Because on this I do agree with the pro-Nato side: Nato is not a Cold War relic. As a defensive force it is obsolete, but as a means of protecting commercial interests it has a very specific agenda.

The only conflict in the rough vicinity of Scotland which has been raised as a potential problem to which Nato might be the solution is a confrontation between the US and Russia over drilling rights for Arctic oil. What this means is that Scotland would be trapped in a treaty which requires us to stand side-by-side with Exxon Mobile in a shooting war with Gazprom.

We need to be clear: tiny Scotland would spend a lot more time biting its tongue than speaking words of wisdom to the US. We would have picked one side in a geopolitical war for commercial access to global natural resources and strategic position, and once that side is picked there is no nuance.

Perhaps the day the first shot is fired over Arctic snow by soldiers who flew there from Scottish airbases, Russia and China will instigate a boycott of Scotch whisky.

It will do no good then to say “but we tried”, because Scotland will have become a partisan nation which is engaged in wars of aggression. Scottish soldiers would be bombing Iran or blockading the Arctic many moons before Scottish ­diplomats negotiate even one bomb out of existence.

And it will leave us discredited where it really matters. Wilbert van der Zeijden is a senior figure in the international ­conflict resolution community. He warns that ­because of Nato membership the rest of the global community is “less inclined to take countries like the Netherlands seriously in the Conference on Disarmament, the NPT and other non-proliferation and disarmament forums.

“It would be entirely unnecessary and quite a bad move if Scotland manoeuvred itself in a similar position.”

I once knew someone who would get to every meeting early to secure a chair as close as possible to whomever he believed to be the most important person in the room. He thought we were impressed; we thought he was a bit sad.

The thing about credibility and integrity is that you are judged by your actions and not your explanations.

A Scotland in Nato will gain lip service from the US generals – the very ones who refer to Nato as Snow White and the Twenty Seven Dwarves. Everyone else on the world stage would write Scotland off as an adjunct to the US. In effect, having just gained a credible voice in international negotiations on nuclear non-proliferation, Scotland would choose to give it up again. Which would be a crying shame ­because if Scotland removed Trident from its soil its international credibility would be sky high.

Too many political insiders believe “grubby compromise” to be a synonym for “serious politics”. If Scotland became independent it would have plenty of time to seek out its own grubby compromises. It doesn’t need to be born in one.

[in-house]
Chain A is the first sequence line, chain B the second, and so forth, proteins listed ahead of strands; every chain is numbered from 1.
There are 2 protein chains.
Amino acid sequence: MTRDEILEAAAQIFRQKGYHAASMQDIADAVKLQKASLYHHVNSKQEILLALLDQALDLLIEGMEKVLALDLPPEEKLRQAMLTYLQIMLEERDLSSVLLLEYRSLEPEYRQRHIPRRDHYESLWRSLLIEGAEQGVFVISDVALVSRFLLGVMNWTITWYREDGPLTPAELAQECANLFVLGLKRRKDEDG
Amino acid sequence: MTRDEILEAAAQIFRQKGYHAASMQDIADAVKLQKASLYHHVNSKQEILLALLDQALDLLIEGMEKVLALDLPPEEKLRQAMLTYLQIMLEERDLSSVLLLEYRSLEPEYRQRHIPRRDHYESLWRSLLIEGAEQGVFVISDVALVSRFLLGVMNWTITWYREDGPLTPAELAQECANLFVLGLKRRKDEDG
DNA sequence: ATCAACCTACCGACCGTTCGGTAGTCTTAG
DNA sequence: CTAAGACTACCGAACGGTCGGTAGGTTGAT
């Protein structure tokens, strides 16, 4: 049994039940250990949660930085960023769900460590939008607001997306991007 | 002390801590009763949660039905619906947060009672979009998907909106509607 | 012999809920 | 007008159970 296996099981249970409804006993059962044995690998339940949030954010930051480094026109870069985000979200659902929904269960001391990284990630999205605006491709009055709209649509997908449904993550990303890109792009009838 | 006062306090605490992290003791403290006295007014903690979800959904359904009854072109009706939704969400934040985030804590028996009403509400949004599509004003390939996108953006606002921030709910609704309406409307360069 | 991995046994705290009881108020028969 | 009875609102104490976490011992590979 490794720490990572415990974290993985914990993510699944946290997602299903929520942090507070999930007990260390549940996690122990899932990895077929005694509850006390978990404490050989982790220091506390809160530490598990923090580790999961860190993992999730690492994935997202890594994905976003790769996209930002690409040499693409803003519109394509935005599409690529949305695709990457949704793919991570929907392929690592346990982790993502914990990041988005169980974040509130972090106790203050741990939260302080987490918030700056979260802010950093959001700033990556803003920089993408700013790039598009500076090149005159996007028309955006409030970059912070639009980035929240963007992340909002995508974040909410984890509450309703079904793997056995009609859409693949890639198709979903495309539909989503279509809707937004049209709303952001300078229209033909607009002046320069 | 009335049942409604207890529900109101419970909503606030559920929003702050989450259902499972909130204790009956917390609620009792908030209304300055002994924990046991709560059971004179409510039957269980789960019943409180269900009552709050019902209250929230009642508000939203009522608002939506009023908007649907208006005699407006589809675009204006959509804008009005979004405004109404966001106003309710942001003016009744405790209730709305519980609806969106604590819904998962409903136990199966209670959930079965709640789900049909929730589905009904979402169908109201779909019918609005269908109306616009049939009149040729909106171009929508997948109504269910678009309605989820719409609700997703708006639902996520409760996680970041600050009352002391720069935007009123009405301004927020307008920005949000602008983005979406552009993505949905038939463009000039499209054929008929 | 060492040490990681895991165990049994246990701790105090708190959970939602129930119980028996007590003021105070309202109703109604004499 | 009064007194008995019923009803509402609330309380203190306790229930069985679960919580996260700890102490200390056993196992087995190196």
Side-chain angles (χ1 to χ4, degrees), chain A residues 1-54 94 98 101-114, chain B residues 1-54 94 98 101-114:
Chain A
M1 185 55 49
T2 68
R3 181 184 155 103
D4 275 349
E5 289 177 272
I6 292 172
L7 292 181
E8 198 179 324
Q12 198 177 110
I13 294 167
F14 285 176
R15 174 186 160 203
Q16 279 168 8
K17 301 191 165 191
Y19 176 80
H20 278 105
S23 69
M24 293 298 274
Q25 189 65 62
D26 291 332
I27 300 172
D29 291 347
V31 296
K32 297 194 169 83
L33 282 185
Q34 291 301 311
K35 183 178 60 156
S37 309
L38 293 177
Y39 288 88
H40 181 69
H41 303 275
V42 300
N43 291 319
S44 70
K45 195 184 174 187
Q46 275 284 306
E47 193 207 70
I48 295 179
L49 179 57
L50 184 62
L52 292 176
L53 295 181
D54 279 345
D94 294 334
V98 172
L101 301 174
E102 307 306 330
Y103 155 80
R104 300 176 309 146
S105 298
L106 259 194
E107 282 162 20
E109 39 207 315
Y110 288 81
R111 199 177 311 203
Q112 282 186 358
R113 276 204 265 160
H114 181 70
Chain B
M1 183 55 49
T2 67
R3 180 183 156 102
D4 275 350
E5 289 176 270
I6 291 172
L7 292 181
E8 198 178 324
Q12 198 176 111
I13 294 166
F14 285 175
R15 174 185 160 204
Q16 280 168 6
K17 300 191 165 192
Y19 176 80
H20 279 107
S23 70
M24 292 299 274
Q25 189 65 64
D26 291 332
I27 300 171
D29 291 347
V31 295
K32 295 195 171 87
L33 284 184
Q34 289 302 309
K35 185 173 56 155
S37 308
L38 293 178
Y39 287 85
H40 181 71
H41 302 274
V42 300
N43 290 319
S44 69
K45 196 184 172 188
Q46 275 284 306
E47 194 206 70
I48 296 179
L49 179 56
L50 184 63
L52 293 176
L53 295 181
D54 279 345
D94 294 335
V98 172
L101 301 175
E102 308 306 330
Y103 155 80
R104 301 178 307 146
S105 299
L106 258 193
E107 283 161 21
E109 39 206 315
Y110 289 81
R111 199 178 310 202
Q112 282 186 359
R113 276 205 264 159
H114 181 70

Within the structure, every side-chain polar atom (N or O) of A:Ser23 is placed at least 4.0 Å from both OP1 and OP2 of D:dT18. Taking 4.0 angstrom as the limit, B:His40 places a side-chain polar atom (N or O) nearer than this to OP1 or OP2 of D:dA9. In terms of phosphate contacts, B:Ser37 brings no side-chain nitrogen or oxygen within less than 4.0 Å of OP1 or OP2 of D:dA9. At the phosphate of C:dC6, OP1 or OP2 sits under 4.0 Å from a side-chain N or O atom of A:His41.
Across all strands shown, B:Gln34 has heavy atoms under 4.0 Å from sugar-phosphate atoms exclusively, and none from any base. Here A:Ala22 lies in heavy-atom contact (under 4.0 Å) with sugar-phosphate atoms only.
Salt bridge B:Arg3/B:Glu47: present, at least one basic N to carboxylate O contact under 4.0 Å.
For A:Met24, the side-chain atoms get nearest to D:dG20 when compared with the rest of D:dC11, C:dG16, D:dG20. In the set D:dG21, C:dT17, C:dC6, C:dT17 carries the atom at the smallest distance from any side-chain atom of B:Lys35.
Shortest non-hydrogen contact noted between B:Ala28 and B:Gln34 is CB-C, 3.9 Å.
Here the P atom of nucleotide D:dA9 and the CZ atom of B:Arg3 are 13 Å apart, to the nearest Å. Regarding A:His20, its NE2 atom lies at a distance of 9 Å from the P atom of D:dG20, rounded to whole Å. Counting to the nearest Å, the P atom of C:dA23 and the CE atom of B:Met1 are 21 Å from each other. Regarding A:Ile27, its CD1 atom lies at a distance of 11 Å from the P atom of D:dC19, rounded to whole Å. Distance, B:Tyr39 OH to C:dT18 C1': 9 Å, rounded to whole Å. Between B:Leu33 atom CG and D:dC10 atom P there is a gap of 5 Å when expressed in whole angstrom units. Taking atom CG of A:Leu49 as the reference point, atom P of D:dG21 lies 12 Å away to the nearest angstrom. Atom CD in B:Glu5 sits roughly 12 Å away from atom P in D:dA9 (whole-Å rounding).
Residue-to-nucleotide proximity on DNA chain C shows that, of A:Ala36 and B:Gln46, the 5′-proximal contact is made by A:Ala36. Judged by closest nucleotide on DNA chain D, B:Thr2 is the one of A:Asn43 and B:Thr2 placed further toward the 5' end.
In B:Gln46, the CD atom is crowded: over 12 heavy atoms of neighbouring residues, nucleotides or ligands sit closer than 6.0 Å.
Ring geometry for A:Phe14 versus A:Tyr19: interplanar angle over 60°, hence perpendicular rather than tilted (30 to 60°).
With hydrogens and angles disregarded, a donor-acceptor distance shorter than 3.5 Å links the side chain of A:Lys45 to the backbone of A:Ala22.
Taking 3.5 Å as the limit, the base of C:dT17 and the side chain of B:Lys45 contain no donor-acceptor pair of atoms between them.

Scotland could become the nation leading the world in a fresh effort to get rid of nuclear weapons. The international repercussions of Scotland effectively disarming one of the globe’s eight nuclear powers would be enormous.

It is not overblown to suggest that many in the international community would look to us for leadership, as evidence that a nuclear-free world is possible. To lose that voice for the sake of American corporate profits would be to squander a truly valuable prize.

 

• Robin McAlpine is director of the Jimmy Reid Foundation

India Leads the Way Back To Sanity, With A Strategic Rail Corrider from Iran To Russia

[There is hope for India after all!  Survival mandates that India relax its bear hug on America just a bit, so that a little daylight might shine between them.  This is absolutely the most intelligent step that could be taken at this time, by those who are working for either hope or stability in Afghanistan.  Now, if Obama would suddenly come out for routing his Silk Road pipeline project through Iran as well, even I would campaign for the man.]

India initiates rail route plan through Central Asia

Shubhajit Roy : New Delhi
India has taken the lead in what it calls “kickstarting” an “international north-south corridor” from Iran to Russia via Turkmenistan and Kazakhstan to ensure a seamless connectivity to Central Asia. New Delhi wants this corridor to be operational by 2013.

Government sources said here on Wednesday that New Delhi met interlocutors from these partner countries in January to initiate the process. The plan, kept under the wraps so far, is in keeping with the the country’s “Look Central Asia policy”.

In this context, experts have identified the “missing links” in rail connectivity. “There is road connectivity, but what we want is a seamless rail connectivity. This will ensure a faster, a more hassle-free and less expensive way to transport goods through Iran to the Central Asian countries and further north to Russia,” a government source said.

What has not deterred India is additional sanctions on Iran by the US and EU, and Washington’s calls for snapping ties with Tehran.

Sources said that Iran and this corridor — which will be essentially rail-based — is India’s gateway to the Central Asian countries. “They are vital to our interests, since they border with either Afghanistan or China,” the source said. Three of the Central Asian countries share border with Afghanistan, while three others with China. India wants to build economic linkages with the markets in these countries. “We also need to engage them since there are no direct links with any of the Central Asian countries,” said official sources.

New Delhi is talking to all these countries to work on the feasibility of the corridor, and they are looking at operationalising the link at the earliest.